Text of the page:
Would BP be doing better if it had stuck it out with solar?

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BP has posted some pretty terrible financial results as the falling price of oil bites. Its oil sands projects need oil to be well over US$100 a barrel, so sub-US$35 is going to create issues. Meanwhile divestment from fossil fuels has matured from a statement on climate change activism to a strategy pursued by Allianz and its peers. On Monday ratings agency Standard and Poors lowered its view of Shell and issued a negative outlook for BP, Repsol, Total, Eni…you get the idea.

The outlook for solar is a little different. Demand is booming and the governments of China and the US have signalled that their double-digit GW deployment rates are here to stay. The stock market has linked solar’s fate to high oil prices but in terms of the demand for deployment, the future is very bright indeed. Even if oil is cheaper than the barrels it comes in.

So will BP be regretting its decision to bail on the solar industry back in 2011? Maybe, maybe not.

BP Solar was a very, very early mover on solar and was part of the efforts in the 70s, 80s and 90s to drive prices down in that early part of the cost curve. After that phase, once solar began to become more efficient and high volume production took off, BP Solar it jettisoned its manufacturing assets and intellectual property and the die was cast. It didn’t want to get sucked into a price war with Factory China. Speaking at the time CEO Bob Dudley said “we worked at it for 35 years, and we really never made money”.

That call, in isolation, seems like a smart idea, but what if it had transitioned the company out of its research roots instead? What if instead it had partnered up with a Flextronics or a Foxconn, kept its IP and used its balance sheet during the days of US$100 oil (up until mid-2014) to get cheap finance for a solar project pipeline? In 2014, BP’s weighted average interest rate on its debt was 1.62%. At that price, or anything remotely close once the “risk” of solar was added, its projects would have been wildly profitable.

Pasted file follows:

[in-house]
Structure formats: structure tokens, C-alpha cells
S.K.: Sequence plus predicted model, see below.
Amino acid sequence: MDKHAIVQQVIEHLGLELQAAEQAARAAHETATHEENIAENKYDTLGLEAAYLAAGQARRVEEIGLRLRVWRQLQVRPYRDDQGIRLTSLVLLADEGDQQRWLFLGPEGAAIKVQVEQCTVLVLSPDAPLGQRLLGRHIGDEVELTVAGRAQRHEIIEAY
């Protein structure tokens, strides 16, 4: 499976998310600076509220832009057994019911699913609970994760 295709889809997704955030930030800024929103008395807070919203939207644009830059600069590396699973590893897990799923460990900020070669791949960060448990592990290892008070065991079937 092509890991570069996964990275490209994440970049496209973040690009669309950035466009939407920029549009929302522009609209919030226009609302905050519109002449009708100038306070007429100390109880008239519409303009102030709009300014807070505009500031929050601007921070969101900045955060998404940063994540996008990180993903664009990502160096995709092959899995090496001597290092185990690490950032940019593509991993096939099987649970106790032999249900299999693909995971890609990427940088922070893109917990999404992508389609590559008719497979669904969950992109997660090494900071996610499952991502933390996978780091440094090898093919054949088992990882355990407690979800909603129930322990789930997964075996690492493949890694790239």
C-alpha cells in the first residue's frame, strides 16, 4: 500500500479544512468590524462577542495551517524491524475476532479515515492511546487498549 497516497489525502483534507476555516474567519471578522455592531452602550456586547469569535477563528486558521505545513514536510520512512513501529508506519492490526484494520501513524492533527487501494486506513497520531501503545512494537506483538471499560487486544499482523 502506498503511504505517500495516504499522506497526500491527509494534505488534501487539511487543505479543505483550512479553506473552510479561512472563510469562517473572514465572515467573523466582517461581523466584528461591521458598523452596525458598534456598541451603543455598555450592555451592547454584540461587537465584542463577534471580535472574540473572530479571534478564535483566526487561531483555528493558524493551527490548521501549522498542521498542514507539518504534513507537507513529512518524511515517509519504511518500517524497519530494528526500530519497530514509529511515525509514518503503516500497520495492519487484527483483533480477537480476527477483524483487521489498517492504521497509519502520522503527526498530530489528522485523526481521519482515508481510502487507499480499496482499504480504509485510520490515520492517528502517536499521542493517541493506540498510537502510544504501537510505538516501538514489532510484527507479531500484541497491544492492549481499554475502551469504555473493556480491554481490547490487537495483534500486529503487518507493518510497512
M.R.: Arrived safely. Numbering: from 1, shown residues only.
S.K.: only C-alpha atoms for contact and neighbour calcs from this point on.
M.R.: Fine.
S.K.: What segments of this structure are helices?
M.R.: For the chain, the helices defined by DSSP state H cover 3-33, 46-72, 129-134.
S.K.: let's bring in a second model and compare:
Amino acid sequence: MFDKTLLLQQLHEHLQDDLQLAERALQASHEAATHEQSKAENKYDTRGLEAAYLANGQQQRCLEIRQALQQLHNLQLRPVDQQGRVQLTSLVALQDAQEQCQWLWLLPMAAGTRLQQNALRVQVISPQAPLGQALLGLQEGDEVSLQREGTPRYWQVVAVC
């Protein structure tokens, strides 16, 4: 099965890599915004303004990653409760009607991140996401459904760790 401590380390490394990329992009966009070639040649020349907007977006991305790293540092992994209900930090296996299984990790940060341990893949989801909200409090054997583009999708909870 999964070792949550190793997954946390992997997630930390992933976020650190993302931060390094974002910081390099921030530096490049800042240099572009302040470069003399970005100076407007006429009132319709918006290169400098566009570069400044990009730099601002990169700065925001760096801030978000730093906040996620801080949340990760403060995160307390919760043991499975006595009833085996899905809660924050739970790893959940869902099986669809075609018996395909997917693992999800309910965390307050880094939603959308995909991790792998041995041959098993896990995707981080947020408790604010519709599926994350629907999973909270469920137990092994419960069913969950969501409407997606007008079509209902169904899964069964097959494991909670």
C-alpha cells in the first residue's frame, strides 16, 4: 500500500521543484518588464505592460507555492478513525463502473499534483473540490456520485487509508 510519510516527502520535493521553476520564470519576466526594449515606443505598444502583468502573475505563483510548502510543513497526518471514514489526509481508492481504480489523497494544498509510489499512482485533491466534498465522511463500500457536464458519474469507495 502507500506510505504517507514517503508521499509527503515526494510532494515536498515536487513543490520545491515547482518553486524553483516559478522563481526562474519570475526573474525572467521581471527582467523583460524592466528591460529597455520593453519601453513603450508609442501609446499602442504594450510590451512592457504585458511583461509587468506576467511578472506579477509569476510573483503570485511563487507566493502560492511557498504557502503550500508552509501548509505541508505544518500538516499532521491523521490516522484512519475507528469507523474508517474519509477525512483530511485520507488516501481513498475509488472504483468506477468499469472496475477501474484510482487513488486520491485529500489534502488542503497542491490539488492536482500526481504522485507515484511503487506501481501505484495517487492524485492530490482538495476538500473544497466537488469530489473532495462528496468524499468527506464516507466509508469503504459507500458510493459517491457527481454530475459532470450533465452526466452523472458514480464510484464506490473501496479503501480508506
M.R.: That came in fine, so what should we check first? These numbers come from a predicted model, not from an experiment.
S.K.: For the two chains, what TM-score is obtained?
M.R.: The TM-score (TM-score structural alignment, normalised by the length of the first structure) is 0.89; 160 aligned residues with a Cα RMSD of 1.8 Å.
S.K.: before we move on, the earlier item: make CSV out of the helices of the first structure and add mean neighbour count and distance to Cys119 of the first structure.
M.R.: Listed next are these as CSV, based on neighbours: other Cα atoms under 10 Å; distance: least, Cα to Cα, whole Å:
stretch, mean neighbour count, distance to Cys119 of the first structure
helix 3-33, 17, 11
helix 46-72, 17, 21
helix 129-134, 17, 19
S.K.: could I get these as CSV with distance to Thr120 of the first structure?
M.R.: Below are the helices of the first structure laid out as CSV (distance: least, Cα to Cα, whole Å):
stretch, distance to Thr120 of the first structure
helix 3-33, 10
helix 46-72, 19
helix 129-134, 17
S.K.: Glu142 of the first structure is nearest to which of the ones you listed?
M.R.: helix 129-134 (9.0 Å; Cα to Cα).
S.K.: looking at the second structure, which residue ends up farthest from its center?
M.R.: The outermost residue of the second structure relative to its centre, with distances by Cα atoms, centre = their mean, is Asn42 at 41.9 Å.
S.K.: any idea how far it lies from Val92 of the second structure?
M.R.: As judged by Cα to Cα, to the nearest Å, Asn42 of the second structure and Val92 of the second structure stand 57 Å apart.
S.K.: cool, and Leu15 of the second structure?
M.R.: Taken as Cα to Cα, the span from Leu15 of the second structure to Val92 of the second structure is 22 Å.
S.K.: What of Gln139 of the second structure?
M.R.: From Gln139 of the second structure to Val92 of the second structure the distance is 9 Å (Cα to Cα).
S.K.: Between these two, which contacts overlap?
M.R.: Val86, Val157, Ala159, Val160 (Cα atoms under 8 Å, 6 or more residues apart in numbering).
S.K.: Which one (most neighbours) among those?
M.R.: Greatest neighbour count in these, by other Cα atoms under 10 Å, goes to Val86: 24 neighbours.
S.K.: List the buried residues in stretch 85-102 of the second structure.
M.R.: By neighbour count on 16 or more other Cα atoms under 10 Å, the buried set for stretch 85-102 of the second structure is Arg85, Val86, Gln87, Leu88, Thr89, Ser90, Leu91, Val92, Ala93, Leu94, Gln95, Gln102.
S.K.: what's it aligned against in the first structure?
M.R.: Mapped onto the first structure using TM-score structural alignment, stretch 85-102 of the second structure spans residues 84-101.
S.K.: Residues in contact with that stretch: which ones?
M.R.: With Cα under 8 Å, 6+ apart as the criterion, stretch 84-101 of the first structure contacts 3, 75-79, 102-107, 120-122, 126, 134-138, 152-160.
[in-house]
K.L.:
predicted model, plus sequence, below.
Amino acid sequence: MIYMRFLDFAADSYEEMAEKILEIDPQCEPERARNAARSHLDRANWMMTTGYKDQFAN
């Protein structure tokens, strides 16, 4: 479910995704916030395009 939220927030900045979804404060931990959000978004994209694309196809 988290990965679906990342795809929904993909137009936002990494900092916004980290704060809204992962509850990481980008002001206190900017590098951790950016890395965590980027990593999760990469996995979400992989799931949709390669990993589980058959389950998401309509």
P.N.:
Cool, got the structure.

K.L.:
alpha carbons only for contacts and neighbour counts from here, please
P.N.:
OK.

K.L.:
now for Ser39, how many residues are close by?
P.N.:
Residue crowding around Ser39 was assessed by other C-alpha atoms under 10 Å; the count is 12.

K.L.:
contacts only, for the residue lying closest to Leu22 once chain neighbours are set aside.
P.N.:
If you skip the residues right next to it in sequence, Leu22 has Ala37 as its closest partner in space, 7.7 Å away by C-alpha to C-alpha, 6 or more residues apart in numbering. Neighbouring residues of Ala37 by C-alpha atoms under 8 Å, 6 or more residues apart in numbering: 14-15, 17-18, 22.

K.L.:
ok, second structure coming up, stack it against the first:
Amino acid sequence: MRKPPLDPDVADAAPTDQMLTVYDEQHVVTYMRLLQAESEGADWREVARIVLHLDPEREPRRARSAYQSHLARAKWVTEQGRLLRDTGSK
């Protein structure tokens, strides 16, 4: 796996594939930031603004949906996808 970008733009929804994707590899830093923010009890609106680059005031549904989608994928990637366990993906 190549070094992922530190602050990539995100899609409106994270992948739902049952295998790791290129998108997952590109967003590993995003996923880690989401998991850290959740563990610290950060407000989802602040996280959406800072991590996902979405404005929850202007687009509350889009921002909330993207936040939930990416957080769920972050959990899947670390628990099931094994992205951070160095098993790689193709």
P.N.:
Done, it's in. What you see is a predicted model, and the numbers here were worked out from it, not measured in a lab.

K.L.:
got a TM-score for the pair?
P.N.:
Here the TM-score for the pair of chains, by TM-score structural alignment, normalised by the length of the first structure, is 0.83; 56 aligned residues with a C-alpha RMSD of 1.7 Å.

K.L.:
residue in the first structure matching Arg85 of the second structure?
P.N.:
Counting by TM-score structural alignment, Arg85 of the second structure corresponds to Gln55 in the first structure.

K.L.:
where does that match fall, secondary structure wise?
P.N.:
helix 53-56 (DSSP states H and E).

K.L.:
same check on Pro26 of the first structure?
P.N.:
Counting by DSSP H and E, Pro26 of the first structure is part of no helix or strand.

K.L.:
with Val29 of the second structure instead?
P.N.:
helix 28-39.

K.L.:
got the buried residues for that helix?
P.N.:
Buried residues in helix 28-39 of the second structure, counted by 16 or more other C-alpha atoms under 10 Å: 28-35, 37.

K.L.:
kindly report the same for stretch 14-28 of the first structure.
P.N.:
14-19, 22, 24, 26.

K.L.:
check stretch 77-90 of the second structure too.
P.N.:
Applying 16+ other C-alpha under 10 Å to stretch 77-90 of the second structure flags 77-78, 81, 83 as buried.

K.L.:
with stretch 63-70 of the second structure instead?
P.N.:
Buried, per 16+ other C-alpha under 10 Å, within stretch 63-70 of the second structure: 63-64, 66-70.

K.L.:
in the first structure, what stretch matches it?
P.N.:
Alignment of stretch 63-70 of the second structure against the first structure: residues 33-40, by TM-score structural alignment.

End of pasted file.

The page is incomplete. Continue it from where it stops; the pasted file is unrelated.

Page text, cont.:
With shareholders’ dividends so strongly tied to the global oil price, what value would a little good news from a separate part of the business have offered?

The obvious issue here is scale. BP’s reported an annual loss of US$6.5 billion. The biggest solar companies are working with figures about an order of magnitude smaller.

Trina Solar, the largest module manufacturer by volume in 2015, has been notching up quarterly profits of between US$100-150 million but it is not as far along with its downstream plans as some of its competitors.

Let’s not forgot that when BP Solar exited, it had manufacturing assets in India. If we assume that they would have expanded from 2011 onwards, the company would have been able to offer trade defence tariff-free panels into the US and EU.

Even if BP Solar had graduated from superb research breeding ground to competitive manufacturer and profitable developer, at this stage in the industry’s development, strong figures would not have gotten close to offsetting the damage done by oil prices that hit a 13-year record low.

But a black line of numbers on the results sheet next to BP Solar, and the promise of more to come, may have been enough to cheer investors. As it is, like most oil majors, BP lacks diversity and seemingly the dynamism to attain it. Power generation firms have embraced renewables with EDF, Enel, RWE, E.On and Engie among those seeking to refocus. In October 2014 BP’s CFO warned that US$70 oil would “put peril in future growth”. Lacking a plan B, sub-US$35 oil must be terrifying.

Suddenly, with the benefit of hindsight, that decision to dissolve BP Solar might not look so clever.

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